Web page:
Many people travel to Colorado for vacation because of the fantastic natural landscapes and the ample opportunities for outdoor activities. However, there can be some nasty side effects for unprepared tourists. Use these tricks to avoid altitude sickness in Colorado so you can spend more time enjoying the great outdoors and less time nursing a headache.
What Is Altitude Sickness?
Altitude, elevation, and mountain sickness are all names for the same condition, which can occur from spending time in high-elevation areas. Symptoms include headaches, nausea, vomiting, exhaustion, and trouble sleeping. Despite what you may have heard, there’s not less oxygen at high elevations, but a lower atmospheric pressure that makes it more difficult for you to take in oxygen.
Take It Slow
No matter how tempting it sounds, don’t try strenuous activities on your first day in the mountains. Your body needs time to acclimate to the lower atmospheric pressure, and jumping right into a hike or a bike ride will only put you on the fast track to elevation sickness. Stay below 7,000 feet on the first day to lessen your chances of feeling ill.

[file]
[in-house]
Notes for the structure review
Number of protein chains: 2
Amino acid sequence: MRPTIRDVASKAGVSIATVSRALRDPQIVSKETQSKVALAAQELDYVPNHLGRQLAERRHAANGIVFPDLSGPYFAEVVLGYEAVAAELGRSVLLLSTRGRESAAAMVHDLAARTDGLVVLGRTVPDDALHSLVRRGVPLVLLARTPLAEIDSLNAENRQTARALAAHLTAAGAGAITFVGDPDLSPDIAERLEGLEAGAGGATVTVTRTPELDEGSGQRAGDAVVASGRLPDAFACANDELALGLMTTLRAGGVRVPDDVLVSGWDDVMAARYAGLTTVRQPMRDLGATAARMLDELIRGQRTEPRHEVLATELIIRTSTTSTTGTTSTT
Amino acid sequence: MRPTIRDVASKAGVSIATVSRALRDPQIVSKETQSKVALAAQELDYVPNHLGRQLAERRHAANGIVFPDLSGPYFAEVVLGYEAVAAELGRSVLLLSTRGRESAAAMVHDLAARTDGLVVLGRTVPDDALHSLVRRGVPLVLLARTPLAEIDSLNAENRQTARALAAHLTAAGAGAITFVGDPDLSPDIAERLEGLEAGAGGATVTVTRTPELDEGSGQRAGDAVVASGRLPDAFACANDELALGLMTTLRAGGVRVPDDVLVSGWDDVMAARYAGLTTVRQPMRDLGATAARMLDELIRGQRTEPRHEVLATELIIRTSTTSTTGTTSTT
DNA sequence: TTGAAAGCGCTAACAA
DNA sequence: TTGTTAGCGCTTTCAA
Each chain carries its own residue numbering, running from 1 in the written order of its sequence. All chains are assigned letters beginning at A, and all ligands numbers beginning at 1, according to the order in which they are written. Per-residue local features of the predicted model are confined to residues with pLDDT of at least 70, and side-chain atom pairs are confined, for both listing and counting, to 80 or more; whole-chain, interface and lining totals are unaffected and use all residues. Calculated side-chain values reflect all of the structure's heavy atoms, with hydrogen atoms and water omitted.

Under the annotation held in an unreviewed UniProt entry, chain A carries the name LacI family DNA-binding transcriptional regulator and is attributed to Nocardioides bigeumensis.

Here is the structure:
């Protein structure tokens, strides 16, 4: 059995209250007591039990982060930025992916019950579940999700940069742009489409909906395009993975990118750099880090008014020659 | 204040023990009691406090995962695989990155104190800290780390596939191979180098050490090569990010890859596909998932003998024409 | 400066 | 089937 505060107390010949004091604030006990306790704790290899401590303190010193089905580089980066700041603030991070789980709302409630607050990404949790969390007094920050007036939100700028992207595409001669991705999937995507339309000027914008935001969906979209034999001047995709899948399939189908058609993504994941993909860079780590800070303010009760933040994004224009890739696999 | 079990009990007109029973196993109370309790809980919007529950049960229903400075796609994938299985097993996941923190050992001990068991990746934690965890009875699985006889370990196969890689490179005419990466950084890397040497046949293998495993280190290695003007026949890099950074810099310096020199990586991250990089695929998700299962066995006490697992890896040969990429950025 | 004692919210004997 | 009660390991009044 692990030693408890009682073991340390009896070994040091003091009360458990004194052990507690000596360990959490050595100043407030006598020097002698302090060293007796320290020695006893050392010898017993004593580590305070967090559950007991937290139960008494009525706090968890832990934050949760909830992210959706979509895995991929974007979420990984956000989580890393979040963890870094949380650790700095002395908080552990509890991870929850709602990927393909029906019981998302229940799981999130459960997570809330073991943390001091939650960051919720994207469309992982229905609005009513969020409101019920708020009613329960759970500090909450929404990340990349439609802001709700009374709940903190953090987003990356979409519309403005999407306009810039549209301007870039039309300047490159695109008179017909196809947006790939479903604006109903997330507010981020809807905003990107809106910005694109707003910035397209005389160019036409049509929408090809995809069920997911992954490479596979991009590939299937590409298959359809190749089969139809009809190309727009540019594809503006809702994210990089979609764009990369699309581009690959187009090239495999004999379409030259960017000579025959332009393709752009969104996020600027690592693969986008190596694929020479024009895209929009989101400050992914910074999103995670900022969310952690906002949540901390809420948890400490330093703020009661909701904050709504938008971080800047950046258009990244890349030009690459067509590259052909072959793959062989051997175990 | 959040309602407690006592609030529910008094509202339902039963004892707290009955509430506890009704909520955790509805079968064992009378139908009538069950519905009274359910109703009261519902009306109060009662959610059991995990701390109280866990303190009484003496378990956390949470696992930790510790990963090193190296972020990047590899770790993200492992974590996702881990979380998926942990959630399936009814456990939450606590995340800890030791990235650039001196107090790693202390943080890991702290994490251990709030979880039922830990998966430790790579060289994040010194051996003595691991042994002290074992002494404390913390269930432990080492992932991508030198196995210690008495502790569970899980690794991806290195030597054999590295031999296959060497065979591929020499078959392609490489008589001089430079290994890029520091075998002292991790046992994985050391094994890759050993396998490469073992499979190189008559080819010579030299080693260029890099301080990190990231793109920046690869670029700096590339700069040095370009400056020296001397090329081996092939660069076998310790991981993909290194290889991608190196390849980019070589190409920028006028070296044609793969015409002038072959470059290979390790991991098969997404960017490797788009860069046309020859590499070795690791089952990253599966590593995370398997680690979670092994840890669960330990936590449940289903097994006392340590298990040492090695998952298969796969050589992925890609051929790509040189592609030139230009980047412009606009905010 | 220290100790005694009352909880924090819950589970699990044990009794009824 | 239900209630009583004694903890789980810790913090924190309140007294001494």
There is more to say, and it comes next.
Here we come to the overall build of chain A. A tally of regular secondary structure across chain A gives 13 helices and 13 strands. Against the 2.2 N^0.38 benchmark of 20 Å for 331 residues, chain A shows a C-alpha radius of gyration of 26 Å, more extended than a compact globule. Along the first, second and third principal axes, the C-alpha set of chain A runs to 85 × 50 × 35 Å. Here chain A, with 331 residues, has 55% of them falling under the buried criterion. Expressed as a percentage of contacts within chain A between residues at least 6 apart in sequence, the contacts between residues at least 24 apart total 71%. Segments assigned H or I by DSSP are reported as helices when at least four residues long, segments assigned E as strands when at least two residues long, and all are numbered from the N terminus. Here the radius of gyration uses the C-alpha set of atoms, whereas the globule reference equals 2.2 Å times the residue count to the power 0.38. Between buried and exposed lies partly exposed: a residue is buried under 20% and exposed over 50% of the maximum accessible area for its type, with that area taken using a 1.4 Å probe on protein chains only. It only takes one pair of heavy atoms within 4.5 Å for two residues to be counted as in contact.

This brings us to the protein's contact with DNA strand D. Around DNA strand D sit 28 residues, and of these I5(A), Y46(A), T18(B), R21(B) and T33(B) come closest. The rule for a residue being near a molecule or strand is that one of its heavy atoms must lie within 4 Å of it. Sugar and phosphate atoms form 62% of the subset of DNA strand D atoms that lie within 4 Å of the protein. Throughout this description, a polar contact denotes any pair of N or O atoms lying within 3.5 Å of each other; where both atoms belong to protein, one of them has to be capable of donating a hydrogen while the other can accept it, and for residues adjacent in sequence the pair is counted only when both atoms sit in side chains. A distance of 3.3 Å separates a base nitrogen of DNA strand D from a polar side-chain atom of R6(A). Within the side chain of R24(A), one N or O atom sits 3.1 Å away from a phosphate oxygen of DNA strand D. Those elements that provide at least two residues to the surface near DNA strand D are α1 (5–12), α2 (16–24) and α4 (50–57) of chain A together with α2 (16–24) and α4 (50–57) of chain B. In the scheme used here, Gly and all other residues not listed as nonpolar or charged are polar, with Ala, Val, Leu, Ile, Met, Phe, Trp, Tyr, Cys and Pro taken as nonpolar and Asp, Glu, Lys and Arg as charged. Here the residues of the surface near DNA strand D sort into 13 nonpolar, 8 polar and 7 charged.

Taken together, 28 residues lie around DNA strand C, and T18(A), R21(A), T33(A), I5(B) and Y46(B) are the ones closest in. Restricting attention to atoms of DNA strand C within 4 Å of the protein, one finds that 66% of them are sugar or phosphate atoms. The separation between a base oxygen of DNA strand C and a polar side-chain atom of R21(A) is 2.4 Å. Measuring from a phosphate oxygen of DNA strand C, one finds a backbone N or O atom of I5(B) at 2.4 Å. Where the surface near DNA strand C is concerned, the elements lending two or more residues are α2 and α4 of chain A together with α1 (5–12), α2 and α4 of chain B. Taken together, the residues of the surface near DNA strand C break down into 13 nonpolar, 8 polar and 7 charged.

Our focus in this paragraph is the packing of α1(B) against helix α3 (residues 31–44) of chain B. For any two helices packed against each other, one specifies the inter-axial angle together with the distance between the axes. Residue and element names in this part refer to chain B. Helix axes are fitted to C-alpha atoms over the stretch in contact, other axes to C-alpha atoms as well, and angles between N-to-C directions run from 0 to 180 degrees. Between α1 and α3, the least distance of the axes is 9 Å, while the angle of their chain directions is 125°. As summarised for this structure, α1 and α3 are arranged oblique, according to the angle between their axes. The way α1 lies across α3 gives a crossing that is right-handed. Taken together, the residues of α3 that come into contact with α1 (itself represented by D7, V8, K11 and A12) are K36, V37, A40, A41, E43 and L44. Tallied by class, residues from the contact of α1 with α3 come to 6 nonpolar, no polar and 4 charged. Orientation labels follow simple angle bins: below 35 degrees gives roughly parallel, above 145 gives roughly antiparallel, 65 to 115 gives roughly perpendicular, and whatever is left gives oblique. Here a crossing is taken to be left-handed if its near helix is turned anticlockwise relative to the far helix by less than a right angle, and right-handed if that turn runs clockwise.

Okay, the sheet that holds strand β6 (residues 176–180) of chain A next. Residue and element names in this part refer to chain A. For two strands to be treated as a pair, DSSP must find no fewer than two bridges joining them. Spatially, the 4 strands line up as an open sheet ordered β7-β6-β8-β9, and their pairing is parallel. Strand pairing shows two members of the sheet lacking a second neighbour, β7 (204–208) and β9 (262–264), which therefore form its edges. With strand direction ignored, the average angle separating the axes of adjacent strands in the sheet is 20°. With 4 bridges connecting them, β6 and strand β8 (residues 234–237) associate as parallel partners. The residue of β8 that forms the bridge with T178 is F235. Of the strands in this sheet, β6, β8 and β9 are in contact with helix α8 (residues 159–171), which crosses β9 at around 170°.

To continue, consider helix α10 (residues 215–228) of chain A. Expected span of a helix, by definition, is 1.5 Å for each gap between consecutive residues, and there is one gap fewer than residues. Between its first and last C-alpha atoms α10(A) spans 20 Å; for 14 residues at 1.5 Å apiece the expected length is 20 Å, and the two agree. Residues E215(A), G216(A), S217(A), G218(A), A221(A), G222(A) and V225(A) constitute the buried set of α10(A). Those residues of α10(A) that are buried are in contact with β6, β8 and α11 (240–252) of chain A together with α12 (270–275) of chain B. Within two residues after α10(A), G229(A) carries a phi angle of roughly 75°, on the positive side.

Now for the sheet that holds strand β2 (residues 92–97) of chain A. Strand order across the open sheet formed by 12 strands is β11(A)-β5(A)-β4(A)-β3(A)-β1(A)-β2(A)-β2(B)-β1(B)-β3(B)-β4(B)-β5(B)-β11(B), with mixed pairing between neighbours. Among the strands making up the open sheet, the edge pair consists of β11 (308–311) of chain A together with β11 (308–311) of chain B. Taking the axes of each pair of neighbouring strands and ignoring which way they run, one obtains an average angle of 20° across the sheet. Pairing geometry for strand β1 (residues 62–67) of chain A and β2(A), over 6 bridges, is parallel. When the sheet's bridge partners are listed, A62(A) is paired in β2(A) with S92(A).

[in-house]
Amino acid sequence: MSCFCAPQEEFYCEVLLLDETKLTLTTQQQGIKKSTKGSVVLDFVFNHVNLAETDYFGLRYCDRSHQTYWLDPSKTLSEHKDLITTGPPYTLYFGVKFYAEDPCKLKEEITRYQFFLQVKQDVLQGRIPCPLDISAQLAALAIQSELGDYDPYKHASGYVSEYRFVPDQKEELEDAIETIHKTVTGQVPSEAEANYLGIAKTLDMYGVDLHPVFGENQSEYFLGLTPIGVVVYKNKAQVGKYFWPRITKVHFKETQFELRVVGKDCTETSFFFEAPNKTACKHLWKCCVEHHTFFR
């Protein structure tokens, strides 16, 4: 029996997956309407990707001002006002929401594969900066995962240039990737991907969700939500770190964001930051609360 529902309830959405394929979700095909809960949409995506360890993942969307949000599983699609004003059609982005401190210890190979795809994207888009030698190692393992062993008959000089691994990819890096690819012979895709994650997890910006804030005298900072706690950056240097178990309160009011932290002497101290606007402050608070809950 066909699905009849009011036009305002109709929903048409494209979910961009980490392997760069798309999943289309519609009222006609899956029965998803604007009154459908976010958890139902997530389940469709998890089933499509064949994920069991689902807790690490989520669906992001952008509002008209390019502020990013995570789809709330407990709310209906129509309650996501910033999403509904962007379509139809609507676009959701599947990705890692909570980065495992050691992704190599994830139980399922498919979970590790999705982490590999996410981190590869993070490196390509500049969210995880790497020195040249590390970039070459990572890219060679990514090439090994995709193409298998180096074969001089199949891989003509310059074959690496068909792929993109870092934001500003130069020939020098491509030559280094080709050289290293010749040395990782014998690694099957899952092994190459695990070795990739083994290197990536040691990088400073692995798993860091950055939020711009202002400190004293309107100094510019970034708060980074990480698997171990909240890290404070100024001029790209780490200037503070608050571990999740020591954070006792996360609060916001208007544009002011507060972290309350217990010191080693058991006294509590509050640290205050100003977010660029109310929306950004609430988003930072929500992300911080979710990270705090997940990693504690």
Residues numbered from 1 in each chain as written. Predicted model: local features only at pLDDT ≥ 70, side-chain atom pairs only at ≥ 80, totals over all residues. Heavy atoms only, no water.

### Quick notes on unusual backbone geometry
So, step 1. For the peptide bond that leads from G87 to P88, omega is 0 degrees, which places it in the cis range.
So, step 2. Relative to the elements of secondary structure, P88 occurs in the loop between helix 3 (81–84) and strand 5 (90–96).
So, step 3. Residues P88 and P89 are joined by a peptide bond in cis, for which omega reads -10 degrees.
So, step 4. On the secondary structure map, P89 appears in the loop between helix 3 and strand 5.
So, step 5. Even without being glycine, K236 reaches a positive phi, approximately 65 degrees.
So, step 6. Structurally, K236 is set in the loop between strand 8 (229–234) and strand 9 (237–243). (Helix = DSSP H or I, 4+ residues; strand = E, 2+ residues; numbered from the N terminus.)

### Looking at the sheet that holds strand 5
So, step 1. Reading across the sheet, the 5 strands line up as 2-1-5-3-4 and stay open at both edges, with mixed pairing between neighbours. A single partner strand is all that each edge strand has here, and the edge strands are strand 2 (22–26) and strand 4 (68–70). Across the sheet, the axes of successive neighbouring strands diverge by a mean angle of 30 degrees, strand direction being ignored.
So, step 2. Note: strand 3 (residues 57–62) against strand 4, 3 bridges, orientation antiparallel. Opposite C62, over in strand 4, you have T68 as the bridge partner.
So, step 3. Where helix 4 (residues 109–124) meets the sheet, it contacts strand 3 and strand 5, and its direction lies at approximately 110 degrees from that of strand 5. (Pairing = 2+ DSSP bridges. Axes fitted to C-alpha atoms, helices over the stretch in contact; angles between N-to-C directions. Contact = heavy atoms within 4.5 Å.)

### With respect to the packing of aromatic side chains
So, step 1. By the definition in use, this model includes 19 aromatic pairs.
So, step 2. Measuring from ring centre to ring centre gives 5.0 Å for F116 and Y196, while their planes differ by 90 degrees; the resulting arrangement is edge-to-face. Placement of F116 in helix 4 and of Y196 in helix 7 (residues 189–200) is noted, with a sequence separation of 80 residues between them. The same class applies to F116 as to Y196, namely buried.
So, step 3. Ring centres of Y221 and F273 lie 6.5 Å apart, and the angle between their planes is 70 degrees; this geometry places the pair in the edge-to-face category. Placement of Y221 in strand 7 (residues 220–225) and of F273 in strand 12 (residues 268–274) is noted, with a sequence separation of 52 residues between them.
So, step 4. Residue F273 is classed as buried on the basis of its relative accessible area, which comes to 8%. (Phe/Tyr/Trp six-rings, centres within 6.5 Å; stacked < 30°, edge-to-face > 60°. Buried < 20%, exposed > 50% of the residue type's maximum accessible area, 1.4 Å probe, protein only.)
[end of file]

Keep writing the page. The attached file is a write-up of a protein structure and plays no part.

Because the air in Colorado is dry, you’ll need to drink more water than usual to keep your body hydrated. Try to drink an additional one-and-a-half liter of water while at high elevation. That’s equal to about six glasses.
Yes, you’re on vacation, but think twice before downing a craft beer right after arriving. Alcohol binds water and oxygen together, reducing your body’s usable supply. Avoid drinking alcohol on your first day, and then drink sparingly as you acclimate.
Get Plenty of Sleep
While adjusting to higher elevations, your body must work harder than usual. Giving yourself plenty of rest is one of the most critical tricks to avoiding altitude sickness in Colorado.
Talk to Your Doctor
If you have any pre-existing health issues, you should speak with your doctor before your trip to ensure you’re aware of any possible complications from the high altitude. While it’s not common, a few prescription medications work differently in the mountains, and your doctor may want to alter your dosage temporarily.
When you first arrive in Colorado, rushing outside and participating in the many outdoor activities can be tempting. However, you’ll have the best experience if you take it slow and allow your body time to acclimate.
Are you visiting Colorado soon? Even if you’re just a tourist, you don’t have to look like one. Check out YoColorado’s online Colorado store for fantastic apparel and accessories that will make everyone think you’re local. That is unless you’ve got altitude sickness.